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Official Journal of the Italian Society of Thoracic Endoscopy
Indexed/Abstracted in: EMBASE, Scopus
Patel S. R., Dhand R.
Division of Pulmonary, Critical Care and Environmental Medicine, Department of Medicine, University of Missouri, Columbia, MO, USA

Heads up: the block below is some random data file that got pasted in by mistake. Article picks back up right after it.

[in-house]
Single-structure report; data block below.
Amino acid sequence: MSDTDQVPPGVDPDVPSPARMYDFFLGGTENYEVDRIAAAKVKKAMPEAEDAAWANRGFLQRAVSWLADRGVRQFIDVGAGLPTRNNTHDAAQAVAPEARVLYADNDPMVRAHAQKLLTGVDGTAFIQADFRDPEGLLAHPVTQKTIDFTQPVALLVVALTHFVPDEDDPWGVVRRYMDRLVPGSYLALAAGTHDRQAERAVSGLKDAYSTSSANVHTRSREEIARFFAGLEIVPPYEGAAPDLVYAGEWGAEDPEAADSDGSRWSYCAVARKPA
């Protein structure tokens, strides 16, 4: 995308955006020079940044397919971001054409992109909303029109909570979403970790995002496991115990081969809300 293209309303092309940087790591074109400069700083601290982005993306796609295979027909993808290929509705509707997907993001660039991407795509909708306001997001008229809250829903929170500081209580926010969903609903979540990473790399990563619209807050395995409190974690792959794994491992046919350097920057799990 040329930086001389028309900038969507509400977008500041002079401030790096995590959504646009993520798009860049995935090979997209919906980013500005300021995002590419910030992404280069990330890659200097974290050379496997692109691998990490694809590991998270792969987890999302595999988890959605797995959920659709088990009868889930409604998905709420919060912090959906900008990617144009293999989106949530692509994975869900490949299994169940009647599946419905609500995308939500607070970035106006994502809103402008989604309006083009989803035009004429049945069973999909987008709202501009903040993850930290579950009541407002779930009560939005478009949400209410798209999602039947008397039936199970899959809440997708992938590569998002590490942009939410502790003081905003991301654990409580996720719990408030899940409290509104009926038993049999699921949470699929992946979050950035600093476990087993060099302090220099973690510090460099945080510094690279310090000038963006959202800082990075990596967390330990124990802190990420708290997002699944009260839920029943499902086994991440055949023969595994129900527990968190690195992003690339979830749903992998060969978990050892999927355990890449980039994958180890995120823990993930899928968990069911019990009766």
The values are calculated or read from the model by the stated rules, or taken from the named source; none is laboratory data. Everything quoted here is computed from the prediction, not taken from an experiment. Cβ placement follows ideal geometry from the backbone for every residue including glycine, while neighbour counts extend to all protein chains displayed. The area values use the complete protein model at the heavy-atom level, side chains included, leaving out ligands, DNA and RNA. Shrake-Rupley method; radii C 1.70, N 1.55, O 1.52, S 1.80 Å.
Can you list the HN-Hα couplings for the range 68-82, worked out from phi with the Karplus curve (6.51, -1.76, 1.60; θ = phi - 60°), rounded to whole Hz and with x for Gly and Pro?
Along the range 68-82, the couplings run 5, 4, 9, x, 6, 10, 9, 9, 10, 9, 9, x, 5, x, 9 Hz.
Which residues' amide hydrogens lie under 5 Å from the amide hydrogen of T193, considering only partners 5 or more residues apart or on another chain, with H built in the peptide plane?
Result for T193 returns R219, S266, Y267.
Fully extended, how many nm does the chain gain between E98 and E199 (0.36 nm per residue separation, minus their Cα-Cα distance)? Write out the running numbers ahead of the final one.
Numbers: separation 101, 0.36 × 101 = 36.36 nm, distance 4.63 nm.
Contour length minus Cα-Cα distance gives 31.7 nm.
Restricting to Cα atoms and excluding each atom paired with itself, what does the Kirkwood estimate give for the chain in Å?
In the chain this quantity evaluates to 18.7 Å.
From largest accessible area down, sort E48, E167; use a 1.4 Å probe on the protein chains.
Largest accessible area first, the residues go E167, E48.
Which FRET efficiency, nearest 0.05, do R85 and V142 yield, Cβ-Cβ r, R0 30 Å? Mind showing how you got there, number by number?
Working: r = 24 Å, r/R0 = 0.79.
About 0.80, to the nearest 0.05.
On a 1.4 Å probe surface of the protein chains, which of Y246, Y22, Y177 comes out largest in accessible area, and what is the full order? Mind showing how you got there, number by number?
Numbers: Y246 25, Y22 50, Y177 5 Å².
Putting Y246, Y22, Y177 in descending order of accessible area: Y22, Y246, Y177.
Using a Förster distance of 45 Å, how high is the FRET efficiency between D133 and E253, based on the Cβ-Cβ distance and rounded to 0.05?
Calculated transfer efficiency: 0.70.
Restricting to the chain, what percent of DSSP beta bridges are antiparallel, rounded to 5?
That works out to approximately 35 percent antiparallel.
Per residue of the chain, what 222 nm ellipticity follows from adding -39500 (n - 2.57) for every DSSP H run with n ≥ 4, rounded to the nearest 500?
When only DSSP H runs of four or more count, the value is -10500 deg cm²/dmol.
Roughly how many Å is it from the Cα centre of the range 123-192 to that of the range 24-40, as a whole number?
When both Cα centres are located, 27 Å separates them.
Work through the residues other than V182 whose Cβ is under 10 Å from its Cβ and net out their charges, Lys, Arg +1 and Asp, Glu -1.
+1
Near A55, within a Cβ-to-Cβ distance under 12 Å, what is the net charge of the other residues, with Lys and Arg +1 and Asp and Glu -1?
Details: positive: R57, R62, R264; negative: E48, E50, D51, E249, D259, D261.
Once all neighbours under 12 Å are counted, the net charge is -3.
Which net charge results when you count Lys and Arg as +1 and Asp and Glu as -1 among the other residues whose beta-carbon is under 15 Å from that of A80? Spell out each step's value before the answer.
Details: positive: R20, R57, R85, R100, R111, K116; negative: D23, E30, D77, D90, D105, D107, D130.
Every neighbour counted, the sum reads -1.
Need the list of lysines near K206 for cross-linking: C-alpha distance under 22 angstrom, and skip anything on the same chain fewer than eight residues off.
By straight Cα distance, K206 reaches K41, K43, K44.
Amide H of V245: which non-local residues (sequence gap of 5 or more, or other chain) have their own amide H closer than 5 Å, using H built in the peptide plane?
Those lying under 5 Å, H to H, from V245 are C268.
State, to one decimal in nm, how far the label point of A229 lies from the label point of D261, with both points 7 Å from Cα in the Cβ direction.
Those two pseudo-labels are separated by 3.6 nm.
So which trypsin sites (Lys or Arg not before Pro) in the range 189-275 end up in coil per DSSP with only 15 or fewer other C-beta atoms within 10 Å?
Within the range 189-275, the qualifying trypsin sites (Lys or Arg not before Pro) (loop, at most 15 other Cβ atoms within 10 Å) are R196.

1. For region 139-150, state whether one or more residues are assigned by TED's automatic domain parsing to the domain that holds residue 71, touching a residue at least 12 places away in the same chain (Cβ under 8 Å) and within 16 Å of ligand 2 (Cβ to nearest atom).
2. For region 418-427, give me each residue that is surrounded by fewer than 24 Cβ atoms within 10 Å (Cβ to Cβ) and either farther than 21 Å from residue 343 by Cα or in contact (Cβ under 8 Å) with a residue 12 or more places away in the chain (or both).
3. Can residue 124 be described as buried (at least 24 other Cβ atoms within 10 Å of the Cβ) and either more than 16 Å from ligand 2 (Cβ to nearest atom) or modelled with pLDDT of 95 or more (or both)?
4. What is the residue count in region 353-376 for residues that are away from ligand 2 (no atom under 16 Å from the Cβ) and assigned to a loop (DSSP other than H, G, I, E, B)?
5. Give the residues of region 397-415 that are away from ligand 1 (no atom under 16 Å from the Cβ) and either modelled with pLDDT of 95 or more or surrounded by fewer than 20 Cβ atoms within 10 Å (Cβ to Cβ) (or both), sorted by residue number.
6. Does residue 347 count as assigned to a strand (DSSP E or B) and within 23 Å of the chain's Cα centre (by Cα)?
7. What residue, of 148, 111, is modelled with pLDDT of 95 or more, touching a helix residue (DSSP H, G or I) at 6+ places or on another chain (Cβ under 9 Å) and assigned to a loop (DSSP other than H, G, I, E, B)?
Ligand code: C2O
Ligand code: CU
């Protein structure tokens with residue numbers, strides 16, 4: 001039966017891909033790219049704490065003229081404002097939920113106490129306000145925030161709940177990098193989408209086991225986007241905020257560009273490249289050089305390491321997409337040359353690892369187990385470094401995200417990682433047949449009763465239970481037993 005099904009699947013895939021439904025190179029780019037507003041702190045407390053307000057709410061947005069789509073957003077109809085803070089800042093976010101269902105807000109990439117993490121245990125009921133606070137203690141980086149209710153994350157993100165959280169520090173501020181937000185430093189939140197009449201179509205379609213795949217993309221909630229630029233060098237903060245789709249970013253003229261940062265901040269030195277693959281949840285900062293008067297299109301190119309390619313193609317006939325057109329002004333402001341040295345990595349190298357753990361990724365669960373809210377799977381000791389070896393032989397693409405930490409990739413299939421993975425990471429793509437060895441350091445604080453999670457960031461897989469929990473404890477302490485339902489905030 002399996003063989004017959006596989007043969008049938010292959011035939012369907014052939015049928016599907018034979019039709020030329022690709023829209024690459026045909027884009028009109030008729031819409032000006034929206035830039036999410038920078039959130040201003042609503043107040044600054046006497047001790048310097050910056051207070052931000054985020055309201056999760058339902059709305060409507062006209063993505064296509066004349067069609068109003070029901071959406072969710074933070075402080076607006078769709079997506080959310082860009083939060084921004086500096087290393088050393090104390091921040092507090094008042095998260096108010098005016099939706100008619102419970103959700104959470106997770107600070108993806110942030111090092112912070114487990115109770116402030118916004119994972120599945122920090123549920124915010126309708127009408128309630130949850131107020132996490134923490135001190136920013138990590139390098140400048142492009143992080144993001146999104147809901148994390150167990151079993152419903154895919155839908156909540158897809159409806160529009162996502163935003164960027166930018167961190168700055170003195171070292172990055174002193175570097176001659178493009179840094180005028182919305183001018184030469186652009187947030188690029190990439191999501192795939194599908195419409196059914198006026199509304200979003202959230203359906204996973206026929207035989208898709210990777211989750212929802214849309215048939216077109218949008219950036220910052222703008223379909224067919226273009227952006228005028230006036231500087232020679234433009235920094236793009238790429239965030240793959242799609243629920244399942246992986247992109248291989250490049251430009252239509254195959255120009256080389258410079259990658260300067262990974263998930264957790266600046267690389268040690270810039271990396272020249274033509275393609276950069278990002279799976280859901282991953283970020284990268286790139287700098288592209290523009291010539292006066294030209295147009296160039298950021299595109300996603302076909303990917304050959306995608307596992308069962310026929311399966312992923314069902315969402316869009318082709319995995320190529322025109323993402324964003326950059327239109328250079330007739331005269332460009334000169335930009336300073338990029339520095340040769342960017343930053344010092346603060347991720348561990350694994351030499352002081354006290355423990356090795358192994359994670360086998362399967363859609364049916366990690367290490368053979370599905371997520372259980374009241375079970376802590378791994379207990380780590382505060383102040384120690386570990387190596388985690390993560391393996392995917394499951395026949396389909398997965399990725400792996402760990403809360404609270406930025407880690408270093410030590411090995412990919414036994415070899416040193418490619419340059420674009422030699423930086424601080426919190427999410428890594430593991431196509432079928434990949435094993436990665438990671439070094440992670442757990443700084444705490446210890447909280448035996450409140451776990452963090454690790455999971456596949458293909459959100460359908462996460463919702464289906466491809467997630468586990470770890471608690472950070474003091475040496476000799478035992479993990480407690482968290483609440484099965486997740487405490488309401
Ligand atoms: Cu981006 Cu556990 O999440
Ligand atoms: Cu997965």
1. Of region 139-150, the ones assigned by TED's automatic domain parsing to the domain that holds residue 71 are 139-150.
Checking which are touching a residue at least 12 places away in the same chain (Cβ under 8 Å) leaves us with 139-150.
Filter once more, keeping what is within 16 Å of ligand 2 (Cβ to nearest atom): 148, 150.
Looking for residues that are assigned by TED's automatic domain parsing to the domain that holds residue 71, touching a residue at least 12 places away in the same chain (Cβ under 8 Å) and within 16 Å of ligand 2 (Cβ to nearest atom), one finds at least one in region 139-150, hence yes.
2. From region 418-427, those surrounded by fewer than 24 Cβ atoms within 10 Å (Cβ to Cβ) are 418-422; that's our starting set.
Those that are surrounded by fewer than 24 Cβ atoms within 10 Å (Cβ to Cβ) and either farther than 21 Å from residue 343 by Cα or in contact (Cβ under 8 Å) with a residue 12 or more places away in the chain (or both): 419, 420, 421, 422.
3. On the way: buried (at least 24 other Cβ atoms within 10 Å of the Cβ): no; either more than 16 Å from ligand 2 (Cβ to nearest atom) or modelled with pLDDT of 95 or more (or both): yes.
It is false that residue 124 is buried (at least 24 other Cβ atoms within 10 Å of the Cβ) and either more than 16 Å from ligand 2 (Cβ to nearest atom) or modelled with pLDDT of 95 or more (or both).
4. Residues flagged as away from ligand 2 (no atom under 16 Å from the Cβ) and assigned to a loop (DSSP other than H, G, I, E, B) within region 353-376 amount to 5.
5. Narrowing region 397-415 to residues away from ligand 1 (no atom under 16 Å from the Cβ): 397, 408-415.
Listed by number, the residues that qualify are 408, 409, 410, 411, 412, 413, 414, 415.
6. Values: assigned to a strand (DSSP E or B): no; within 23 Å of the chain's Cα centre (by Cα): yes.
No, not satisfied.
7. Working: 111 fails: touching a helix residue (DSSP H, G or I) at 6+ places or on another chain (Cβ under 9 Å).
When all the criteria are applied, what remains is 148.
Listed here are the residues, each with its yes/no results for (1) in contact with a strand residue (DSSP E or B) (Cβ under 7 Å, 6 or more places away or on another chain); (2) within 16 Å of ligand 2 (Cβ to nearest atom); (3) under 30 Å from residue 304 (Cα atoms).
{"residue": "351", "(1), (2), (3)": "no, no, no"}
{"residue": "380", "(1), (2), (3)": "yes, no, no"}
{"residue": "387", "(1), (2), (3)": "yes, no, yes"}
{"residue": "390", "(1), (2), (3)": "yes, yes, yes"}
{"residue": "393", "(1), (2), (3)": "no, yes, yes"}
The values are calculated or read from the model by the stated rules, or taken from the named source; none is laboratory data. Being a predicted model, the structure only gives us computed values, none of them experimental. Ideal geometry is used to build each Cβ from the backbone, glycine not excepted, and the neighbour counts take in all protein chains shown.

Breathing disorders occur very commonly during sleep, limit the ability to fall into deep sleep, lead to daytime somnolence, and are associated with several comorbid conditions. Sleep-related breathing disorders are classified into 3 categories, namely 1) obstructive sleep apnea; 2) central sleep apnea; and 3) central hypoventilation syndromes. Although these entities are described as discrete disorders there is significant overlap between them. This article reviews the current management of sleep-related breathing disorders. Noninvasive positive pressure ventilation remains the cornerstone of treatment for sleep-related breathing disorders, and regular use of positive airway pressure has enormous benefits for patients with sleep apnea. Adjunctive therapies include behavioral modification such as weight loss, supplemental oxygen, oral appliances, surgical techniques, respiratory stimulants, and measures to optimize cardiac function, among others. A multidisciplinary approach to management which includes patient education, smoking cessation, behavioral modification, and treatment of comorbidities is highly recommended. In addition, individual attention to various occupational and social factors, the positive airway pressure requirement, a well-fitting interface that is acceptable to the patient, monitoring adherence to the treatment regimen, frequent communication and patient education, and regular follow-up are required to optimize outcomes in patients with sleep-related breathing disorders.